## Age of Anxiety in the 1920s: Reparation Plans

The political crises of the 1920s were compounded by the Great Depression starting in 1929. These events led people to believe they had no power or influence over world affairs. WWI compounded this helplessness and left Germans feeling that they were being used or unfairly penalized by the actions of Western governments, big businesses, and communists.

By 1923, Germany was struggling with reparation payments. The US Government formed a committee of experts to resolve the situation. Charles G. Dawes and other officials came up with a plan to lend Germany $200 million dollars in order for Germany to pay reparations to France and the United Kingdom. In turn, France and the United Kingdom used these funds to repay their wartime debts to the United States. Fig. 3 - Charles Dawes ### The Young Plan (1928) In the fall of 1928, another committee was formed in an effort to settle the German reparations problems. Under Owen D. Young, this new committee proposed to make a final loan payment to Germany of$300 million and to reduce the reparations owed by Germany. Reducing the German reparations to $29 billion dollars, payable over 58 years. This was intended to float the world economy and allow for recovery. However, the Great Depression beginning in 1929 upended all of these plans. Fig. 4 - Owen Young Across the globe, countries were defaulting on the loans extended by the United States. The United States had been supporting Germany, but the economic crisis at home led to a collapse of the German economy. A final point of the Young Plan was a call to form a Bank of International Settlements to preside over war reparations. ## Age of Anxiety: WWI WWI produced changes in politics, the economy, and public opinion regarding the state of the world and the possibilities of the future. WWI resulted in more deaths than all preceding wars combined. This demonstrated the destruction possible in the new industrial age. The First World War not only shaped the leadership of Europe but also set the stage for WWII. The desperate economic situation of middle-class Germans enabled a campaign based upon placing blame on who was seen as responsible for their suffering. As shown in other times in history, when a large group of people suffers, it is easy to place blame on a group seen as an “other.” German Reparations & the Ruhr Crisis After the end of WWI, Germany was directed to pay almost$35 billion in reparations. The war had left Germany with a weak economy, and they did not have the funds to pay what they owed. Great Britain agreed to allow for a pause on payments. This led to great political pressure from France; France would not agree to postpone reparation payments while the German economy recovered. This would have allowed Germany to recover and ensure its citizens were cared for.

In 1923, Raymond Poincare of France began to occupy the Ruhr industrial region to seize the funds they were owed. The German government protested strongly and called for citizens to stop working and resist the French occupation. The call for passive resistance was answered by the German people and the situation escalated.

Fig. 5 - Raymond Poincare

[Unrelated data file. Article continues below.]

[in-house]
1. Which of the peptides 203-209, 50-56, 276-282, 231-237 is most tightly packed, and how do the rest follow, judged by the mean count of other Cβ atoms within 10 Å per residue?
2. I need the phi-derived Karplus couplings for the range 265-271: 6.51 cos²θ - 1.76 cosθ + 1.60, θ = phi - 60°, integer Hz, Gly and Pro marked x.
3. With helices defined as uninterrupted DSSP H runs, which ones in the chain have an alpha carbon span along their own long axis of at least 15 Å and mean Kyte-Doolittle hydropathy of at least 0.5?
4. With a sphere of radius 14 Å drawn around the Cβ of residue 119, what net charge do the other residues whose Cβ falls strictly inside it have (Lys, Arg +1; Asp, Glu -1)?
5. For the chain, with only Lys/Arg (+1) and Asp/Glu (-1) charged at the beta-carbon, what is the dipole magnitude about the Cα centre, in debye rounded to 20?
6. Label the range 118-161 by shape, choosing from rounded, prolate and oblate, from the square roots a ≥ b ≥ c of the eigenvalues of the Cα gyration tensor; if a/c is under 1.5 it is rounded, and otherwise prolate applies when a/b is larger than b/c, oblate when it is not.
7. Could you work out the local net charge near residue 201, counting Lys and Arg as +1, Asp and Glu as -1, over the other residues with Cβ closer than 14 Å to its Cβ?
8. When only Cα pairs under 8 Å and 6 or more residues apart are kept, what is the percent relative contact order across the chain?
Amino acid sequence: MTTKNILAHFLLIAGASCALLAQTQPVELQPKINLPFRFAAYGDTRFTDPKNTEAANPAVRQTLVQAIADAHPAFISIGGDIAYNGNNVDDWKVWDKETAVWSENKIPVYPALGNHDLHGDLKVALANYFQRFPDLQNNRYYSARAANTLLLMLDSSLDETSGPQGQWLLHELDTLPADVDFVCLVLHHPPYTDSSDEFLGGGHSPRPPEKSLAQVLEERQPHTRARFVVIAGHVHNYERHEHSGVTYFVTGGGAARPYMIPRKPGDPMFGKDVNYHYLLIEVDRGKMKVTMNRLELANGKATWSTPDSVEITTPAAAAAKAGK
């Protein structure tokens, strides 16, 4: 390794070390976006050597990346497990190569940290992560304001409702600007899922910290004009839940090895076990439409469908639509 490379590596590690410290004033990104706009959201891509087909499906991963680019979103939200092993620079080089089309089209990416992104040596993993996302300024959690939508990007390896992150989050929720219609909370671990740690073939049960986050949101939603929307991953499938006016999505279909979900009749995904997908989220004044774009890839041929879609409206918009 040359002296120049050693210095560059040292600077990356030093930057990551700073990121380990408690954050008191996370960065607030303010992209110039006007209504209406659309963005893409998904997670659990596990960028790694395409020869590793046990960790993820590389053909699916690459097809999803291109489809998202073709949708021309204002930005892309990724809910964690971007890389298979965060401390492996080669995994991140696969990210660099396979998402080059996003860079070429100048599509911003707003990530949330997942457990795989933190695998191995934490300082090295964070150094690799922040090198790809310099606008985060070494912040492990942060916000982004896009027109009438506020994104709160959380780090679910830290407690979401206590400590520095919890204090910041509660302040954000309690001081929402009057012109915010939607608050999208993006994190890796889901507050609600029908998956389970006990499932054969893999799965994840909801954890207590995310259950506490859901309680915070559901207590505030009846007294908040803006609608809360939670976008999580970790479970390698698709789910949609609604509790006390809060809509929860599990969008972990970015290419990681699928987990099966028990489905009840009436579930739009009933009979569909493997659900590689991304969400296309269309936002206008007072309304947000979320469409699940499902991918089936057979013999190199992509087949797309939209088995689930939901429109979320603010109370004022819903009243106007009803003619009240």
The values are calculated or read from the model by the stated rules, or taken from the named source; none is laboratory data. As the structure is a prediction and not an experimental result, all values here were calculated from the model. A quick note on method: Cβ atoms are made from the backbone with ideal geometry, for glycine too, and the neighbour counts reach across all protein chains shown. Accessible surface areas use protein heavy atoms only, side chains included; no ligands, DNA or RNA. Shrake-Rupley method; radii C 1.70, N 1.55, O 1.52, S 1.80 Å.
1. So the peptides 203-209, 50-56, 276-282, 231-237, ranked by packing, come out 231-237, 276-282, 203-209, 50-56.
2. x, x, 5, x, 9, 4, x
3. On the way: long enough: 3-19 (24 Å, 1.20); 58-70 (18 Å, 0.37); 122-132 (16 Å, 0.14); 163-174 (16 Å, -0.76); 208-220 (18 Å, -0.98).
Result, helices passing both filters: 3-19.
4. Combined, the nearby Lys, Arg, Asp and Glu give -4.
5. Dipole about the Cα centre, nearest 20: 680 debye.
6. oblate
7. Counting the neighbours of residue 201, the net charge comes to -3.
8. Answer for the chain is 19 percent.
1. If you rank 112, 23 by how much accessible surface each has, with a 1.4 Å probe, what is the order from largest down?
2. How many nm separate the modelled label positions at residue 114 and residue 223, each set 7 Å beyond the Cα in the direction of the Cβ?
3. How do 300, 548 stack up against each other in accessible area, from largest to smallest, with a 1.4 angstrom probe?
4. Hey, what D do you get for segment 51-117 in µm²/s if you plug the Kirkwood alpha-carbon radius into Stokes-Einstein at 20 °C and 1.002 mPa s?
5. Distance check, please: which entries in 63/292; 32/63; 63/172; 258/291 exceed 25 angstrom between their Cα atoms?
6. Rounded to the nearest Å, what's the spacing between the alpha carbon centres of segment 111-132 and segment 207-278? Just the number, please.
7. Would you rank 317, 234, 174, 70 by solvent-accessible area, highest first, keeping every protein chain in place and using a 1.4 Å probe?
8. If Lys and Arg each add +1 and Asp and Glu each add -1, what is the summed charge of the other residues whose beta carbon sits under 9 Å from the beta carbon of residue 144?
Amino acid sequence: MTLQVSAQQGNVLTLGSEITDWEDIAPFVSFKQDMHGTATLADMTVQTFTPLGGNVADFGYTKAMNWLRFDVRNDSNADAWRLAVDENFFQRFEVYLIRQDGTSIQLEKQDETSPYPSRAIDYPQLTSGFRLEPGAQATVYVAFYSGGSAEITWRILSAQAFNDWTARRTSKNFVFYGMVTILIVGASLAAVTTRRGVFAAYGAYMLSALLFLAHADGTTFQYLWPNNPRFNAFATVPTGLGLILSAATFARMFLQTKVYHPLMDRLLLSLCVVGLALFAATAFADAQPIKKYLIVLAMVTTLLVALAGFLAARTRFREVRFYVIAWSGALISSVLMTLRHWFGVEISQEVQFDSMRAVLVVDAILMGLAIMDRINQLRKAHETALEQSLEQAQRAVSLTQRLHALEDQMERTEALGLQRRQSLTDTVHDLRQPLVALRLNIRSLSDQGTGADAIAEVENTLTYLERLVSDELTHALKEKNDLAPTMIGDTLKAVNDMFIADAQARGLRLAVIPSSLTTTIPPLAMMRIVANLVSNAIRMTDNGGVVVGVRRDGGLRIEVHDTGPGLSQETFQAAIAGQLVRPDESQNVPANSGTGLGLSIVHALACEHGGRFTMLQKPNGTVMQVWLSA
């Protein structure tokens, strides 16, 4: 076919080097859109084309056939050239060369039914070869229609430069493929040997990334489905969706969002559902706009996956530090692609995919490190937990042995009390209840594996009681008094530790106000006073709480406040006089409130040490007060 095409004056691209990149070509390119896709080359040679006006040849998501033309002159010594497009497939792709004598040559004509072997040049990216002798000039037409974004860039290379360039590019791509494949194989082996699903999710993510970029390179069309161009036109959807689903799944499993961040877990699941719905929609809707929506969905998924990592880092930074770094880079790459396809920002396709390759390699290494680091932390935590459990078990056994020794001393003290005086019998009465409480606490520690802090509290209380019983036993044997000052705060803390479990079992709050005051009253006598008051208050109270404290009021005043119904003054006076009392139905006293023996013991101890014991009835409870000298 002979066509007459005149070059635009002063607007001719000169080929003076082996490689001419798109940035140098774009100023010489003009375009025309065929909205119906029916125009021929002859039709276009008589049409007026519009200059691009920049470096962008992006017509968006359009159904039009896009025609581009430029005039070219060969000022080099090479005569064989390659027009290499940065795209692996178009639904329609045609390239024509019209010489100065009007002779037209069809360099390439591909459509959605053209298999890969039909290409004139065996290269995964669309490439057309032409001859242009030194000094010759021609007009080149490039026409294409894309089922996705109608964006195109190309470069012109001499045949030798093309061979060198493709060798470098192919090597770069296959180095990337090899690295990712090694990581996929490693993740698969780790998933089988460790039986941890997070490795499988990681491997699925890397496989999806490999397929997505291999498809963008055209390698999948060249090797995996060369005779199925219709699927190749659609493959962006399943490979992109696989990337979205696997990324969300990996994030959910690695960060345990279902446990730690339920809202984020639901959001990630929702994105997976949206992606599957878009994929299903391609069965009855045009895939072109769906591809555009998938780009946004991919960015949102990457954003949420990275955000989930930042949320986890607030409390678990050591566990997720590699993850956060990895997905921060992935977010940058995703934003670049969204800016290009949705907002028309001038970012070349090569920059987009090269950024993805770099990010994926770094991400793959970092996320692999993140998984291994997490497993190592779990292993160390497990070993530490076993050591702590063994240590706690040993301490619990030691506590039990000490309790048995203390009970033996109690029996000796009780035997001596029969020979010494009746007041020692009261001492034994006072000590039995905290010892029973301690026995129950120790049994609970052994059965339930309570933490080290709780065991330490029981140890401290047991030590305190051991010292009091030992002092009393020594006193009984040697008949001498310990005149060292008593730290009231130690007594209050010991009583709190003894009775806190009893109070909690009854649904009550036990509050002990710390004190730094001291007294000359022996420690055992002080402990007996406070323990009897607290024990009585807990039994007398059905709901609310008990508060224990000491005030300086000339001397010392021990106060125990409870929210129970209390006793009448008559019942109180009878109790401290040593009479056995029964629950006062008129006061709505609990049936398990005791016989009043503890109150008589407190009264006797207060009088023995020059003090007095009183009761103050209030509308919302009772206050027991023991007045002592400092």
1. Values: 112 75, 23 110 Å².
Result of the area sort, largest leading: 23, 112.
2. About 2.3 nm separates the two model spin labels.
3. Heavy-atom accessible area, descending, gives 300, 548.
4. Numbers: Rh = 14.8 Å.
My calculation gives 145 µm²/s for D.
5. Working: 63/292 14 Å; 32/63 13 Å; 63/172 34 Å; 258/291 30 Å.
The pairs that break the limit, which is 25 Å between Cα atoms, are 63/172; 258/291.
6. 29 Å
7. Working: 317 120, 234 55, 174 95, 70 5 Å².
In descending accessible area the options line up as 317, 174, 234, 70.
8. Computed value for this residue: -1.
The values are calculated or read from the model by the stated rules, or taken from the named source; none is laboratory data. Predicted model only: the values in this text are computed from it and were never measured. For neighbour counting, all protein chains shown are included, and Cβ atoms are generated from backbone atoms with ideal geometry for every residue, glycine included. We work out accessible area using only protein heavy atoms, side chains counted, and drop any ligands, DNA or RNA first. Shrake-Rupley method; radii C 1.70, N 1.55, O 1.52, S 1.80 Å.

The German government responded by printing money, which only increased inflation and worsened their economic situation. This led to the German people looking for someone to blame for the loss of savings in both the middle class and retirees. The middle-class saw Western government, big business, Jews, and the communists as responsible for their suffering.

## Age of Anxiety - Key takeaways

• A combination of political shifts, economic downturn, and scientific advancement left many Europeans feeling unsure of the future.

• After WWI, people felt as though they had no control over world events, and were at the mercy of high-ranking leaders across the world.

• Science reshaped the understanding of human existence and shattered the previous idea that the atom was the basis of life.

• WWI left Europe in an economic crisis, and the attempts to alleviate the problem were unsuccessful.

• While the economic recovery did not succeed, the creation of the International Bank of Settlements continues today.

## References

1. Erich Maria Remarque, All Quiet on the Western Front (1929)

The Age of Anxiety is commonly agreed to have spanned from 1914-1950.

The drastic political and economic shifts led many to believe things could only get worse, no matter their efforts.

WWI changed the world stage and the resulting upheaval of what had always been true left people afraid.

The Age of Anxiety is the term for the overall social phenomena that was a result of the drastic changes in politics and the economy from WWI.

The Age of Anxiety is commonly agreed to have spanned from 1914-1950.

## Age of Anxiety Quiz - Teste dein Wissen

Question

Which are the main ideas of existentialism?

essence before existence

Show question

Question

Who is considered the father of existentialism?

Søren Kierkegaard

Show question

Question

Religion and existentialism are mutually exclusive.

False

Show question

Question

During what period in Europe did existentialism see a rise in popularity?

The Age of Anxiety

Show question

Question

Which existentialist philosopher claimed God was dead?

Friedrich Nietzche

Show question

Question

Which existentialist philosopher proposed the concept of "existence before essence"?

Jean Paul-Sartre

Show question

Question

According to existentialism, why does anxiety develop?

The freedom of creating your own meaning and the choices you have to make.

Show question

Question

How did World War I and World War II influence the rise of existentialism?

The atrocities of war made the world seem even more meaningless than before and people began rejecting traditional values.

Show question

Question